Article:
Sunday, August 30, 2015

MRI imaging of cuff tears - is 3D imaging worth it?


These authors performed a retrospective review of 34 patients with arthroscopically proven full-thickness rotator cuff tears which were classified by the surgeons with respect to tear shape:  crescent, longitudinal, U- or L-shaped longitudinal, and massive type. 

Two musculoskeletal radiologists reviewed the corresponding MRI studies to characterize the shape on the basis of the tear's retraction and size using 2D MRI. 3D reconstructions of each cuff tear were reviewed by each radiologist to characterize the shape. 

The accuracy for differentiating between crescent-shaped, longitudinal, and massive tears using measurements on 2D MRI was 70.6% for reader 1 and 67.6% for reader 2. The accuracy for tear shape characterization into crescent and longitudinal U- or L-shaped using 3D MRI was 97.1% for reader 1 and 82.4% for reader 2. When further characterizing the longitudinal tears as massive or not using 3D MRI, both readers had an accuracy of 76.9% (10 of 13). The overall accuracy of 3D MRI was 82.4% (56 of 68), significantly different (P = .021) from 2D MRI accuracy (64.7%).

Comment: "The authors assert that the shape of a rotator cuff tear can play an important role in the surgeon’s approach and election to repair as well as in the likelihood of clinical success after the repair. Having this information before surgery is useful to the surgeon as it will permit more complete surgical planning and allow the surgeon to provide prognostic information to the patient based on the surgical success of certain shaped tears.The accurate determination of the shape of the tear could also help in deciding whether the tear is reparable as well as if it would be worthwhile to proceed with surgery. In addition, a correctly defined tear shape could help determine if there is enough tendon tissue remaining to allow marginal convergence during the repair."

In trying to determine the value of the 3D reconstructions we need to know (1) whether the 3D images were predictive of the reparability of the cuff defect in these 34 patients (in other words, was the rationale proposed in the quote above demonstrated in this group of patients)? and (2) what was the incremental cost in terms of time and money for the 3D reconstructions?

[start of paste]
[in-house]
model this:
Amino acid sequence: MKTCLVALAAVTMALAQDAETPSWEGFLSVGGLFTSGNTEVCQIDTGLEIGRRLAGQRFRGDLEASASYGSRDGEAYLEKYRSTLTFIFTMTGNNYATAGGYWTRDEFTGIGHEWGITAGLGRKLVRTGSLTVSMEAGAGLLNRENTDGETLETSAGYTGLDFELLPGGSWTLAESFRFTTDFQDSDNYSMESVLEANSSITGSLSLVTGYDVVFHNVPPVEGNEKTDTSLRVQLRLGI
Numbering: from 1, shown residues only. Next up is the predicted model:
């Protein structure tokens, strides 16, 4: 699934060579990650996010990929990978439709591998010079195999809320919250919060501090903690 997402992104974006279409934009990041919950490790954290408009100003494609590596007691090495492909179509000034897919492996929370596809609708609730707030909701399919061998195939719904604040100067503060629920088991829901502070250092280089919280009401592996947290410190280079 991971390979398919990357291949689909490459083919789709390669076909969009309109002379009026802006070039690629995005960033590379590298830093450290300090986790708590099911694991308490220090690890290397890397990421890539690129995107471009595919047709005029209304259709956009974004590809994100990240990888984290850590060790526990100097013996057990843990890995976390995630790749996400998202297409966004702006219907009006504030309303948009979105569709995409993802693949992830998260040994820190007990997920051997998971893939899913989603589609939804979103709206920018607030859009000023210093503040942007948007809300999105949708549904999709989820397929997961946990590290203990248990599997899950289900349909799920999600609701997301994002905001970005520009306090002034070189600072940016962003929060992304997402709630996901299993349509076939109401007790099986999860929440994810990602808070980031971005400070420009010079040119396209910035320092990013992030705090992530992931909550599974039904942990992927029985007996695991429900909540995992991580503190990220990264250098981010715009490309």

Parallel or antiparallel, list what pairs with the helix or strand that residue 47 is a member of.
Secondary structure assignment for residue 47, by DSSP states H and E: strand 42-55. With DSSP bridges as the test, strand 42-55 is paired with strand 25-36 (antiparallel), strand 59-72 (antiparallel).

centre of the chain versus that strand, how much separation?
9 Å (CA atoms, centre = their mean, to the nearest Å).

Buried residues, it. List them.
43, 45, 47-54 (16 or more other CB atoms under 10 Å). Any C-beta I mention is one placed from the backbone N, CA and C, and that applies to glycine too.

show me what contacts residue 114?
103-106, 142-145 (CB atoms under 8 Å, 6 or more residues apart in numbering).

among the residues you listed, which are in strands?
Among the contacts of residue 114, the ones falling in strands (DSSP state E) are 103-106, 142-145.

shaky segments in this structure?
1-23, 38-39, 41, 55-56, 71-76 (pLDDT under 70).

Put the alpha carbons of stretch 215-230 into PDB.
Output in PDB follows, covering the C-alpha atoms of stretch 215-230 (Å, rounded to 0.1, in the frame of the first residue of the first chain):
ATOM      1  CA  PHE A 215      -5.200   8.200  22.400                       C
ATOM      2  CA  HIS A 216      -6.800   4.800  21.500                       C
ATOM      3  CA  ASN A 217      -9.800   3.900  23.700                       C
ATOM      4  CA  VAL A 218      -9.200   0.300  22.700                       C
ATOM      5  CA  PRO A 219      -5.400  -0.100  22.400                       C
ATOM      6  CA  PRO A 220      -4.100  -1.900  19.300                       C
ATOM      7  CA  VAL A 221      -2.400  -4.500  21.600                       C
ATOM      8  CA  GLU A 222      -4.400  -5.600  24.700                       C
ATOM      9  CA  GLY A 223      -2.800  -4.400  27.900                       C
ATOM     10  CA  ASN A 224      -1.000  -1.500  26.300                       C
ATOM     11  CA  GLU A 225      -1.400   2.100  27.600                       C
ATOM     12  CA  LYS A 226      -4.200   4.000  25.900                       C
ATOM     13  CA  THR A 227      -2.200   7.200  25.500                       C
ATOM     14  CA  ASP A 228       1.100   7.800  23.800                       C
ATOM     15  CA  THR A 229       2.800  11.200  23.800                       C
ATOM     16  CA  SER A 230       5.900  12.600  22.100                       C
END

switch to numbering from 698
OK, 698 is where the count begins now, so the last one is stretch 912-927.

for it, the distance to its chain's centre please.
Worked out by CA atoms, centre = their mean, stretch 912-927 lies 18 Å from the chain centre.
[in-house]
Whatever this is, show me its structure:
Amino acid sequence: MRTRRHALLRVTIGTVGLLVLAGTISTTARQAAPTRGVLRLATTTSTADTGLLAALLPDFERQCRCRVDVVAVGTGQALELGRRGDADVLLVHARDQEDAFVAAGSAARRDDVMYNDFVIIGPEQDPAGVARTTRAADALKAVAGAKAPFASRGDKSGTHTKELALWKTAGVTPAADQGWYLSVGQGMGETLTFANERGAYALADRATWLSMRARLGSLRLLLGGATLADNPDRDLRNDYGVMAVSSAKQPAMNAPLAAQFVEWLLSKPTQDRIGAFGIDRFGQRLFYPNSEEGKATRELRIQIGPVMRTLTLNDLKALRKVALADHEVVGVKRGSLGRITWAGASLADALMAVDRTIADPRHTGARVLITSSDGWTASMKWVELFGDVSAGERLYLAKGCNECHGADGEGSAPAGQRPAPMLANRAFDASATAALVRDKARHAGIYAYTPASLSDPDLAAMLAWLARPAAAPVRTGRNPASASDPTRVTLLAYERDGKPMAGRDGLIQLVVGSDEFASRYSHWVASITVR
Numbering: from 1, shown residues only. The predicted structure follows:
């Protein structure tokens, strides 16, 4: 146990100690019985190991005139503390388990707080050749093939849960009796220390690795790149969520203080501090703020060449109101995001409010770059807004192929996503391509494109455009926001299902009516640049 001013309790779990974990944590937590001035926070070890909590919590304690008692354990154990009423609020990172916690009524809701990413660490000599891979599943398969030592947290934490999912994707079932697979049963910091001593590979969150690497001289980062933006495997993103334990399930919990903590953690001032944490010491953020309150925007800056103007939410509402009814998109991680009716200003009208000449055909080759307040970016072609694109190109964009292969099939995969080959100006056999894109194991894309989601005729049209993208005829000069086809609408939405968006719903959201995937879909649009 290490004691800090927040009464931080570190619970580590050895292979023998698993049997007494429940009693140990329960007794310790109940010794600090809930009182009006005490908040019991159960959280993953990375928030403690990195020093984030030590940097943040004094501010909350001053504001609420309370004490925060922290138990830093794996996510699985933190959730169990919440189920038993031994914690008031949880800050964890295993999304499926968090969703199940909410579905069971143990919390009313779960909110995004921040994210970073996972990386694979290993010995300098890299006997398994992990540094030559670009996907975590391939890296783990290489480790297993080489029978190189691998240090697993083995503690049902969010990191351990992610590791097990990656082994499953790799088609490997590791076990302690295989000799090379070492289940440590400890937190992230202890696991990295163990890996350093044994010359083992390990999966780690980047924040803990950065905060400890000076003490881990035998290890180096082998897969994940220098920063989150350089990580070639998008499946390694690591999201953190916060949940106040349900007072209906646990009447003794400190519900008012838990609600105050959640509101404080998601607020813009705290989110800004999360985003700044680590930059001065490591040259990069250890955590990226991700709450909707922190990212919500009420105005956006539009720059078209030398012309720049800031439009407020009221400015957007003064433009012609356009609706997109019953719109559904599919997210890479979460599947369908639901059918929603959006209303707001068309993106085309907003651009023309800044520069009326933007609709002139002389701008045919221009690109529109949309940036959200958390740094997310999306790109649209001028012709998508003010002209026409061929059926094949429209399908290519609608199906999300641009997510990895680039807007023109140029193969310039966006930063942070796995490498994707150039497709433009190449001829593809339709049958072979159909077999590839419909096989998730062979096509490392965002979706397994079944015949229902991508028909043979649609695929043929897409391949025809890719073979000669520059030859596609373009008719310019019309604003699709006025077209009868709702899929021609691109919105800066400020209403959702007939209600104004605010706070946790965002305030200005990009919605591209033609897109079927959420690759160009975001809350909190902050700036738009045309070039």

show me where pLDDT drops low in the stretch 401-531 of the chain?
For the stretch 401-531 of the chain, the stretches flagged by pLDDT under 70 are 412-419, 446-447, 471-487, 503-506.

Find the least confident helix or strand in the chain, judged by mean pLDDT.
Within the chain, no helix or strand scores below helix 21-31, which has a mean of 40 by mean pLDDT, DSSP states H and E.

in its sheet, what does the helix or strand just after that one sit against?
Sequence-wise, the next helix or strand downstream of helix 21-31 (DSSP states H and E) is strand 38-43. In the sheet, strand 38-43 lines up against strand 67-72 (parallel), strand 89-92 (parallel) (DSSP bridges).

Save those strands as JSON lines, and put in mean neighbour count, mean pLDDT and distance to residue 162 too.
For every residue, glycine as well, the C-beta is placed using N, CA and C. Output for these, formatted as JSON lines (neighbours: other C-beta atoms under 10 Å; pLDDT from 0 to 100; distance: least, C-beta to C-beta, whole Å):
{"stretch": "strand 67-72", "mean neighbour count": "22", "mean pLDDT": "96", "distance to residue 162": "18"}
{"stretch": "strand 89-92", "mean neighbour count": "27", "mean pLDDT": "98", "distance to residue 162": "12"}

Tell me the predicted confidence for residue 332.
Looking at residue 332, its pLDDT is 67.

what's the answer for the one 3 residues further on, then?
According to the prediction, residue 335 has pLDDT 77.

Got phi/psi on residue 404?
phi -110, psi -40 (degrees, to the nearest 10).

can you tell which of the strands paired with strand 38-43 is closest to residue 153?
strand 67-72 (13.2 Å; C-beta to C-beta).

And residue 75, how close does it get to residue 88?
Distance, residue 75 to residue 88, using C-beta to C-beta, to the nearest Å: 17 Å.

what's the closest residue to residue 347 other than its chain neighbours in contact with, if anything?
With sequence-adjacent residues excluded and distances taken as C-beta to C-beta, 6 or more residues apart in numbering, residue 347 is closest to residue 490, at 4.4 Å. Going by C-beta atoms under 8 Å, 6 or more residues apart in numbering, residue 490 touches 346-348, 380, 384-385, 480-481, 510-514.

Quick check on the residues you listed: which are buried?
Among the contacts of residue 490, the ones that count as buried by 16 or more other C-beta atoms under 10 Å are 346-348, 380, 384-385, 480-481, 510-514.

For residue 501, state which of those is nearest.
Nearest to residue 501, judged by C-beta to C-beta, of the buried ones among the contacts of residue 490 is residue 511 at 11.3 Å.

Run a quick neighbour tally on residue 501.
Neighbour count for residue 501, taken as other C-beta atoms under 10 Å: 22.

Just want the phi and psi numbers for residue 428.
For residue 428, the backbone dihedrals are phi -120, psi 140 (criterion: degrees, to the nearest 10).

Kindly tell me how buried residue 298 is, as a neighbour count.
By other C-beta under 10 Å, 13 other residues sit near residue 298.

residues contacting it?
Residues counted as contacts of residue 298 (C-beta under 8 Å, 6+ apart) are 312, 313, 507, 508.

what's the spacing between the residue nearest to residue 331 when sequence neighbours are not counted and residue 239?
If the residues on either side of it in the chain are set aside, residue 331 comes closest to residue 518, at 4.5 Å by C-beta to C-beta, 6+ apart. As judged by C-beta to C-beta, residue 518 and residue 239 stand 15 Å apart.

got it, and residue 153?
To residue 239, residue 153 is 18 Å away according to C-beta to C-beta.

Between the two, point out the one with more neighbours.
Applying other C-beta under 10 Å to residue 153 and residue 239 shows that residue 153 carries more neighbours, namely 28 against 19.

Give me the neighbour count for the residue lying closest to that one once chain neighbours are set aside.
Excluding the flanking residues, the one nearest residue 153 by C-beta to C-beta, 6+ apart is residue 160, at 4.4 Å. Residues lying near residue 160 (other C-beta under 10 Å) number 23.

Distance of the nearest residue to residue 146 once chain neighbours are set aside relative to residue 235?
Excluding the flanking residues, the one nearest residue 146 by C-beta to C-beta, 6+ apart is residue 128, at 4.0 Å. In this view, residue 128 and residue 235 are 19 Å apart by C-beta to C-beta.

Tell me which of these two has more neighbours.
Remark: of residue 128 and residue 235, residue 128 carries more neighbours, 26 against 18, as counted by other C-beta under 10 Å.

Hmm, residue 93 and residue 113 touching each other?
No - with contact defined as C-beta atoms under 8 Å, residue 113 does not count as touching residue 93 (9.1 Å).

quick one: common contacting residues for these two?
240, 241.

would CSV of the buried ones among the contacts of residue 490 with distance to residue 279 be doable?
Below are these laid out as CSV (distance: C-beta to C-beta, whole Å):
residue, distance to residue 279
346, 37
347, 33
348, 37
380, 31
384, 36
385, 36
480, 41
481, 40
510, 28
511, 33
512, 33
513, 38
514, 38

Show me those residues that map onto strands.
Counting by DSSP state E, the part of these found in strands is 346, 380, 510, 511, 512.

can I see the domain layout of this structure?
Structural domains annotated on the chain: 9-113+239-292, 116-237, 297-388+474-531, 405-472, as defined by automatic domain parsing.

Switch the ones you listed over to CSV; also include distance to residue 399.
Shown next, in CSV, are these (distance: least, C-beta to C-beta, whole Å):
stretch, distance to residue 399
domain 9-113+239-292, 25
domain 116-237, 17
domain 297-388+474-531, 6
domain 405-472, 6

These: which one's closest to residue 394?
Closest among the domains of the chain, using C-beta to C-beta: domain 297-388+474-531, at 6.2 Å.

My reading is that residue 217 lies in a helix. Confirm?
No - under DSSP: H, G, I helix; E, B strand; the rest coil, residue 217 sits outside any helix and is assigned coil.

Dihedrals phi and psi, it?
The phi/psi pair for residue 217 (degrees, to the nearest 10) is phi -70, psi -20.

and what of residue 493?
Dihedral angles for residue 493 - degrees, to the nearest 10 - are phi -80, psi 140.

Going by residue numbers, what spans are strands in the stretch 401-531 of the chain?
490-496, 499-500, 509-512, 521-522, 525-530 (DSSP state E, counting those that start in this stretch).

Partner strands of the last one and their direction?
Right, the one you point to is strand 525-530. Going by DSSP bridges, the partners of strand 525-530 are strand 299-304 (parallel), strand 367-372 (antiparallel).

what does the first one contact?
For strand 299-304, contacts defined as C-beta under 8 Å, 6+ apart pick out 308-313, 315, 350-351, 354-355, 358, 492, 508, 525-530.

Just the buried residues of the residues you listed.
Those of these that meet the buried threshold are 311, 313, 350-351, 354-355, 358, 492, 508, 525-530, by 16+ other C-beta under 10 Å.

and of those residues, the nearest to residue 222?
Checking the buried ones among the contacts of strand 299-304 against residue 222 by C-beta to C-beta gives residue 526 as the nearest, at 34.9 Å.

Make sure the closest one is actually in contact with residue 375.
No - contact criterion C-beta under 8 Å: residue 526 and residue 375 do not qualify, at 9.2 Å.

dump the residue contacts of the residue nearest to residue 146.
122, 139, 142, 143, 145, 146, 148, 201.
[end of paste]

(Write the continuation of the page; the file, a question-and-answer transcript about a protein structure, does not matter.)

It is always tempting to apply high levels of technology, but higher tech is higher cost. However, unless the increased cost produces better results for the patient, we may want to spend our precious health care on something more valuable.

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Is there sufficient PROMIS to re-invent the wheel?

Psychometric evaluation of the PROMIS Physical Function Computerized Adaptive Test in comparison to the American Shoulder and Elbow Surgeons score and Simple Shoulder Test in patients with rotator cuff disease

The National Institutes of Health has recently developed the Patient-Reported Outcomes Measurement System (PROMIS) Computer Adaptive Test (CAT) that applies technology of computerized adaptive testing used in examinations like the Graduate Records Examinations.
With CAT, questions are sequentially administered from a large item ‘‘bank’’ until predetermined reliability criteria are met. Each question response produces a probability curve of the respondent’s estimated ability. For example, a patient who can throw a ball with ease has a high probability of having upper-end physical function. Subsequent questions can then be chosen by the CAT ‘‘engine’’ that will further discriminate the respondent’s estimated ability while uninformative and repetitive questions are omitted.

These authors studied 187 patients with clinical diagnosis of rotator cuff disease completed the American Shoulder and Elbow Surgeons (ASES) score, Simple Shoulder Test (SST), and PF CAT.

Responses from 187 patients were analyzed. The PF CAT required fewer questions than the ASES or SST (PF CAT, 4.3; ASES, 11; SST, 12). Correlation between all instruments was moderately high. Item reliability was excellent for all instruments, but person reliability of the PF CAT was superior (0.93, excellent) to the SST (0.71, moderate) and ASES (0.48, fair). Ceiling effects were similar among all instruments (PF CAT, 0.53%; SST, 6.1%; ASES, 2.3%). Floor effects were found in 21% of respondents to the SST but in only 3.2% of PF CAT and 2.3% of ASES respondents.

Comment: Unfortunately the CAT requires the patient to be at a computer or tablet that carries the program. It cannot be completed on paper and thus is not amenable to follow-up mailings. The authors did not measure the time to complete the PROMIS nor its relative convenience or user-friendliness. They did not study the ability of the PROMIS responses to be translated into terms that patients can easily grasp. It is 'the new kid on the block' so that its results cannot be compared to data collected in the past.